To date, three separate court actions have challenged the constitutionality of the law. Wright v. Riveland is a federal class action suit. In 1997 district court judge Franklin Burgess of Tacoma held the statute was void under the supremacy clause of the constitution and the DOC could not seize federally protected funds, such as 42 U. S. C. § 1983 judgements and settlements, Native American funds, social security and military pensions. However, Burgess dismissed all of the plaintiffs' constitutional claims. That case is currently on appeal in the Ninth circuit. In Re Metcalf 92 Wn.App. 165 (Div. I, 1998) was a Personal Restraint Petition filed by a prisoner in state court. The appeals court upheld the statute.
Dean v. Lehman is the third case. It was filed in King county superior court by the spouses of prisoners. The plaintiff class in Dean is represented by the Seattle firm of Sirianni and Youtz, the same attorneys who represent the prisoner class in Wright It was in this case in which judge Hall ruled.
Judge Hall granted summary judgment in the defendant's favor on some issues, holding that the statute did not violate the spouses' rights to equal protection, free speech, freedom of religion nor did it violate provisions against Bills of Attainder, state support for penal institutions and special legislation.
The court granted summary judgment to the plaintiff spouses and held: 1) By virtue of the state's community property law, the plaintiffs have legally protected interests in their spouses' prison trust accounts. 2) RC W 72.09.480 violates Article VII, § I of the Washington state constitution which mandates equal taxation. 3) " ... That the seizure of community funds for `victims compensation, violates the takings clause of the Washington and United States constitutions." 4) " ... That the seizure of community funds for `costs of incarceration' violates the takings clause of the Washington and United States constitutions." 5) That class members possess a state created, constitutionally protected right to the accrued interest on inmate savings accounts.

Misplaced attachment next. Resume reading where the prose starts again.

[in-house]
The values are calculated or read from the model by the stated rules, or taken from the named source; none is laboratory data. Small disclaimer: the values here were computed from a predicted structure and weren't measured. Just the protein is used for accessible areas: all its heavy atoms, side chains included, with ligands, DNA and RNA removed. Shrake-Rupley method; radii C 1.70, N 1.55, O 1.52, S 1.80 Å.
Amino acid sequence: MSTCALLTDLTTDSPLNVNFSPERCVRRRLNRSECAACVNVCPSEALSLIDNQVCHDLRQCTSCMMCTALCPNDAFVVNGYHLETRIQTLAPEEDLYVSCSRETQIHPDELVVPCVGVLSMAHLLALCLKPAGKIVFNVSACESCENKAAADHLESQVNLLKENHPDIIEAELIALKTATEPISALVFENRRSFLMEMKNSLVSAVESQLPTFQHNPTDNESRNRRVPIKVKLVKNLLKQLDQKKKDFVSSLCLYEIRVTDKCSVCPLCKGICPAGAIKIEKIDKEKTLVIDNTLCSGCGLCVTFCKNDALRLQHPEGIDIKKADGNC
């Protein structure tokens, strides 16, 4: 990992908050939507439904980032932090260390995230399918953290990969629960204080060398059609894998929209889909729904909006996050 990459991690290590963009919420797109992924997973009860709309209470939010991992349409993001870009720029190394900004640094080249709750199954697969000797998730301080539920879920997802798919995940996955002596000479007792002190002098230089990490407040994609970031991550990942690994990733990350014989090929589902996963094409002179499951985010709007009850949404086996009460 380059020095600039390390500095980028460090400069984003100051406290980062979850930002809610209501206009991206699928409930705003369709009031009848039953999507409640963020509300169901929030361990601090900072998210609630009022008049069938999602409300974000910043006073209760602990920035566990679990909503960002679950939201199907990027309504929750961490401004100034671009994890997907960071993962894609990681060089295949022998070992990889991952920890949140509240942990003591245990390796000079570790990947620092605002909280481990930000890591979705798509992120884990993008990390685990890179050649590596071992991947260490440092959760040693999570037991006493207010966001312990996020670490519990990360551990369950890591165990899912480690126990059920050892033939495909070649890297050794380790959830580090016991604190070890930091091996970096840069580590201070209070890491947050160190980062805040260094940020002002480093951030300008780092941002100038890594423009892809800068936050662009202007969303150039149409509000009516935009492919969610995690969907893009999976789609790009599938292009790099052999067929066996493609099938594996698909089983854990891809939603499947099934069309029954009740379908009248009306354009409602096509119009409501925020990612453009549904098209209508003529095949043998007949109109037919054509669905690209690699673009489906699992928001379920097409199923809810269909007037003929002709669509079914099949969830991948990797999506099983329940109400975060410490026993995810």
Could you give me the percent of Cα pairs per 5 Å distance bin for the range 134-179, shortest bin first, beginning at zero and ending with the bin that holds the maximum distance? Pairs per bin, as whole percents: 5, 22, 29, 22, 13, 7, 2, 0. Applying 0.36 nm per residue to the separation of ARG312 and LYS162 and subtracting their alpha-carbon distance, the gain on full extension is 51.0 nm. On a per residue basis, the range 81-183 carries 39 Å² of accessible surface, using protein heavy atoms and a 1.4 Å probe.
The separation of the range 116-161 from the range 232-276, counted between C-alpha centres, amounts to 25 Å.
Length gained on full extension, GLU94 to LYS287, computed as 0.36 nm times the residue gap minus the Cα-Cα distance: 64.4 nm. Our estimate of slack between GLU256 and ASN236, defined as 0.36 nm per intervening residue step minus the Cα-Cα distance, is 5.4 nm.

As relief, the court ordered "The defendants shall immediately cease seizing funds under RCW 72.09.480. The defendants shall return to the class members money and interest previously seized."
Despite the unmistakably clear language of the court's ruling, the Washington DOC continued seizing prisoners' money under RCW 72.09.480. When questioned about this, Douglas Carr, the Assistant Attorney General representing the state in this case, said he believed the judge was wrong in ruling the way she did. The state court of appeals for Division One denied an emergency motion by the state to halt contempt proceedings before judge Hall. The plaintiffs have filed a motion to hold DOC secretary Joseph Lehman in contempt for continuing to enforce RCW 72.09.480 despite judge Hall's ruling to the contrary. The contempt motion was denied and an emergency stay of Judge Halls order was issued by the state appeals court..
To date, the state of Washington has seized $3.6 million from Washington prisoners and their families under RCW 72.09.480. This translates into roughly $1.2 million ayear. The money is being held in an escrow account pending the outcome of the various state and federal lawsuits. If judge Hall's ruling is upheld on appeal, the state will have to return all money seized plus 12% annual interest.
Under judge Hall's original order, the DOC should stop seizing money under the law while the state appeals. It does not have to return the money already taken before the court's order was issued until afteer the appeal process is exhausted. PLN will report development in these cases as they occur. See: Dean v. Lehman , King County Superior Court, Case No. 97-2-12906-ISEA.
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Related legal case
Dean v. Lehman
|Cite||King County Superior Court, 97-2-12906-1SEA|
|Level||State Trial Court|